When Great Leaders take center stage, they call upon a broad set of skills, but no tool is more persuasive or influential than a personal story. For some, this is probably a tough pill to swallow. Higher Education has taught emerging leaders to turn to statistics and industry news to persuade colleagues. Data is great for establishing credibility, but not for fostering authenticity.

Try sharing a personal story about setback and how you overcame it. Speak to how it shaped your values and made you who you are today. This will illustrate your humility and that you have the courage to own your weirdness. If you are willing to experiment with your messaging and get it wrong a few times along the way, you’ll find your voice sooner than you think.

But be careful to not shift the focus so far to authenticity that you forget to properly communicate your vision. After all, when you position yourself as a leader, your ability to remain the leader hinges on others believing in you.

So be real. When you balance authenticity with a clearly communicated vision and a demonstration of the value you contribute, you reach the gateway to approachability. You can now set effective expectations.

Depending on how you grew up, you may be a bit triggered by this concept. Don’t overthink it. Expectations are required for society to function. Consider a situation where you hop in your car to go to the store. You pull up to a stop light. If you weren’t expected to put your foot on the gas when the light turned green, you’d never go anywhere. If you weren’t expected to stop at the red light, you’d find yourself in trouble sooner rather than later. Without expectations, people act without direction and you never reach your destination.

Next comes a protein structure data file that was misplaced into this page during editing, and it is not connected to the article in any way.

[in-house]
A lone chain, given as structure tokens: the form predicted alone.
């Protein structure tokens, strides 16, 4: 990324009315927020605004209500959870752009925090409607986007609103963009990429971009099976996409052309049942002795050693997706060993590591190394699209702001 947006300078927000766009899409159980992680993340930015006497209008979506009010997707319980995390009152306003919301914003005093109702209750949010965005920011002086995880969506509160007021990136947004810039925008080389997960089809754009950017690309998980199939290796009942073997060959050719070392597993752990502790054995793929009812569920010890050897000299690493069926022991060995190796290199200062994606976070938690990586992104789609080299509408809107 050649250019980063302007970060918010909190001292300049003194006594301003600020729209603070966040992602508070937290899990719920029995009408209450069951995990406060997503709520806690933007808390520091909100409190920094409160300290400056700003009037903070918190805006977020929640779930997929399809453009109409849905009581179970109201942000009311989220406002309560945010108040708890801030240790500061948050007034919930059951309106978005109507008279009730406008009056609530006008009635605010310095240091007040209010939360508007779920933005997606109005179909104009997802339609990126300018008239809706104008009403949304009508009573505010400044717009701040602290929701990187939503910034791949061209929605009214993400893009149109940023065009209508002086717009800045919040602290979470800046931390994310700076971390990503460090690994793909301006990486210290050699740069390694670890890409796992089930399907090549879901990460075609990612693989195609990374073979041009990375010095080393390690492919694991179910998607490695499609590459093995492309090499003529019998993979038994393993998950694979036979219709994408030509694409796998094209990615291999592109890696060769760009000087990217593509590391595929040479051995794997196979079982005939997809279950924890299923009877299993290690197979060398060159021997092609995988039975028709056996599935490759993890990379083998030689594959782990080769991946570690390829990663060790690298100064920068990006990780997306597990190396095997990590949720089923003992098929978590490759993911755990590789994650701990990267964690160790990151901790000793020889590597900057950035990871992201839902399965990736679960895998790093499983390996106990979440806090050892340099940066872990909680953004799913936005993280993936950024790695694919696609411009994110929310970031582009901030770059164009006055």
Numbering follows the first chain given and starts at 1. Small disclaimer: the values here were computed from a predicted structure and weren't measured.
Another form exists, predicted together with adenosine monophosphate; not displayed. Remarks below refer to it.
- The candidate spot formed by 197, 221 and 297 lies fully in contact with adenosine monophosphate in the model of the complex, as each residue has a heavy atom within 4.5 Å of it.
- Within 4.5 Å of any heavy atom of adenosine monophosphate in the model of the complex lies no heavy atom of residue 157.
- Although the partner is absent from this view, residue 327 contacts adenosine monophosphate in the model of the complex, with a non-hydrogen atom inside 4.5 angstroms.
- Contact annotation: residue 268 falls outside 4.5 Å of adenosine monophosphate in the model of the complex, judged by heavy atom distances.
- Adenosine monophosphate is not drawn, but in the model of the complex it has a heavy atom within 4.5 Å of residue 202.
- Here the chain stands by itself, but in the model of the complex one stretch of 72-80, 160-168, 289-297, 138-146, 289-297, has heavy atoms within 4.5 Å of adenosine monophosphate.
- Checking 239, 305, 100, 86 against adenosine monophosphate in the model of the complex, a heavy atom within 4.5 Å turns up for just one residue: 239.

One of my favorite authors – Stephen Covey – once said, “Treat a person as they are and they will remain as they are. Treat a person as they can and should be and they will become as they can and should be.” If you provide the right significance to expectations, you’ll align yourself with the outcome you’re hoping to achieve.

Problems arise when you expect too much or too little from yourself or others. This is how you can set yourself up for disappointment. You can’t expect everyone to have the same conviction as you, but you can manage your expectations.

When you set clear expectations – for yourself or your team – you open doors. By embracing compassion, you’ll create relationships that instill confidence. But most importantly, you’ll do away with all the adoration and status associated with your position of power and allow others to feel a sense of professional kinship.

If you check off these boxes, you will have become approachable. The Team Members who feel they can approach you will contribute ideas without fearing blowback because they know you’re open to their suggestions. But where do you go from here? Approachability is something that requires upkeep. Keep your approachability alive by continuing to do these five things.

One. Over time you may come to possess a wealth of knowledge and information. Be wise and ethical in your use of this information. If people have a reason to trust you, they can collaborate without fear of retribution.

Two. As a leader, you don’t always have to fix things. People should want to come to you with good and bad news. Let them know they can always come to you. Be a Sounding Board, Listen Intently and let others devise solutions.

Three. There’s always something to learn. Ask a lot of questions and stay curious.

Four. Be Transparent. When you freely share personal and professional information, you allow people to get to know and understand you.

Five. When your cup runs over, fill the cup of someone else who could benefit from your stories and your wealth of experience. You’ve been blessed with some great opportunities and you’ll continue to be blessed by more. Be mindful of what is given to you over time and be sure to give just as much back. Above all else, pour into others.